تصویرذهنی از بدن و رفتار اختلال تغذیه ای در یک نمونه از جامعه سیاهان و زنان اسپانیایی
|کد مقاله||سال انتشار||مقاله انگلیسی||ترجمه فارسی||تعداد کلمات|
|31300||2007||9 صفحه PDF||سفارش دهید||محاسبه نشده|
Publisher : Elsevier - Science Direct (الزویر - ساینس دایرکت)
Journal : Eating Behaviors, Volume 8, Issue 1, January 2007, Pages 106–114
Objective The current study examined body image concerns and eating disordered behaviors in a community sample of Black and Hispanic women. In addition, this study explored whether there are ethnic differences in the correlates or in the prediction of body image concerns. Method Participants were 120 (67 Black and 53 Hispanic) women who responded to advertisements to participate in a study of women and health. Participants completed a battery of established self-report measures to assess body image, eating disordered behaviors, and associated psychological domains. Results Black and Hispanic women did not differ significantly in their self-reports of body image, eating disordered behaviors, or associated psychological measures. Comparisons performed separately within both ethnic groups revealed significant differences by weight status, with a general graded patterning of greater concerns in obese than overweight than average weight groups. In terms of predicting body image, multiple regression analyses testing a number of variables, including BMI, performed separately for Black and Hispanic women revealed that eating concern and depressive affect were significant predictors of body image concern for both groups. Discussion Overall, Black and Hispanic women differed little in their self-reports of body image, eating-disordered features, and depressive affect. Higher weight was associated with a general pattern of increased body image concerns and features of eating disorders in both groups and with binge eating in Black women. Eating concerns and depressive affect emerged as significant independent predictors of body image for both ethnic groups.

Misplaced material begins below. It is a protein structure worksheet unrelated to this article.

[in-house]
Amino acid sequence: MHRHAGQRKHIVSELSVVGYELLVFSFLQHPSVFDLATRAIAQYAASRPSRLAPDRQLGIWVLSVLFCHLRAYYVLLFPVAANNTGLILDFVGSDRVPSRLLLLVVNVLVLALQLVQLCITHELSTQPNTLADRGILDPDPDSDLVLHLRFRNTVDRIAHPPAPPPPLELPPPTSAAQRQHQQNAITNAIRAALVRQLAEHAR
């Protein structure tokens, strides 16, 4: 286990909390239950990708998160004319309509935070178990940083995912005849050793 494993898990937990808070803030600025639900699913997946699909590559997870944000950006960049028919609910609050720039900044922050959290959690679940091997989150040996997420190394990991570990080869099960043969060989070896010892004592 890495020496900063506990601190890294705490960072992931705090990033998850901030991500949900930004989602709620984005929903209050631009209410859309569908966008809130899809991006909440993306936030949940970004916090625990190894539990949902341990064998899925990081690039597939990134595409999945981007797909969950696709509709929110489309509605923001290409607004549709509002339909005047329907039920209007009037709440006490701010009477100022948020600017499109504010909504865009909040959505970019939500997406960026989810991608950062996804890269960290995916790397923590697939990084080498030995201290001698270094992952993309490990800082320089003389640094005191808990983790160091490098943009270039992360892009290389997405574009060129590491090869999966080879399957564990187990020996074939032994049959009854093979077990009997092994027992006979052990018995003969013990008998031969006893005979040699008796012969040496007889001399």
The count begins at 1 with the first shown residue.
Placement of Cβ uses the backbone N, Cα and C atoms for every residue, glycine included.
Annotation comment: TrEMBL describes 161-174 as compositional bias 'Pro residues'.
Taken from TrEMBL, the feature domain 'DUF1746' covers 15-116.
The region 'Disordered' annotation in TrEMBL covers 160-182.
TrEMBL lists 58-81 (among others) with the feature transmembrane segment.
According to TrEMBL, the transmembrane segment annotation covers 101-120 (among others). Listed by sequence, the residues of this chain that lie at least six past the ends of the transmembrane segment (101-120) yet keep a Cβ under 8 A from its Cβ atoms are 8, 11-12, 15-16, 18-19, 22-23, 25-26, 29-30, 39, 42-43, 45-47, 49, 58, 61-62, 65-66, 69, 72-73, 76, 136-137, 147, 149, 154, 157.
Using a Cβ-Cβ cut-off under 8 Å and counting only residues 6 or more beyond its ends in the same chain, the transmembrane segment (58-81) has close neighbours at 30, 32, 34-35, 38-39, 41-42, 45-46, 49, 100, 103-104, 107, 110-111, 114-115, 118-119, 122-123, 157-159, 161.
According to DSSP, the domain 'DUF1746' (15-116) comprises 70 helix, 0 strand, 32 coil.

Research on ethnic differences in eating- and weight-related constructs has resulted in an equivocal literature. Shaw, Ramirez, Trost, Randall, and Stice (2004), in their critical review, noted that studies in the 1980s tended to report that ethnic minorities endorsed lower eating disturbances than Caucasian individuals, while more recent research has generally suggested few significant ethnic differences. Yet, despite these overall trends, some recent studies have continued to find greater pathology among Caucasian than ethnic minority groups on measures of body image and eating behavior (e.g., Neumark-Sztainer et al., 2002, White & Grilo, 2005 and White et al., 2003), while others have reported conflicting findings. For example, Fitzgibbon et al. (1998) found Hispanic women to report higher concerns with binge eating than their Black and White counterparts. It has become increasingly clear that it is not just White, middle- and upper-class females who are at risk for developing body image and eating disturbances, a “myth” that Yanovski (2000) notes is still widely maintained in our society. Indeed, as Yanovski argued, individuals belonging to diverse racial and ethnic groups may be at comparable risk for developing body image problems and disordered eating patterns. For example, in a study of fourth- and fifth-grade Black and Hispanic girls, Vander Wal and Thomas (2004) found that 10.1% and 12.7% of these respective samples had scores on the Children's Eating Attitude Test (ChEAT) suggestive of an eating disorder. Therefore, research must continue to work toward the development of a more comprehensive understanding of the patterns of body image- and eating-related variables among all ethnic groups, especially those of Black and Hispanic descent, as these are two of the fasting growing minority groups in the United States (United States Census Bureau, 2005). Shaw et al.'s (2004) review of the literature suggested that there now seems to be increased parity among 4 ethnic groups: Asian, Black, Hispanic, and White. In an effort to extend our knowledge of such ethnic differences (and similarities), we aimed to further examine body image and eating behaviors of Black and Hispanic women from a community sample. We were interested in determining if and how these two minority groups differ in these variables, as well as how previously supported predictors of eating problems relate to, and predict, both body image and eating behavior.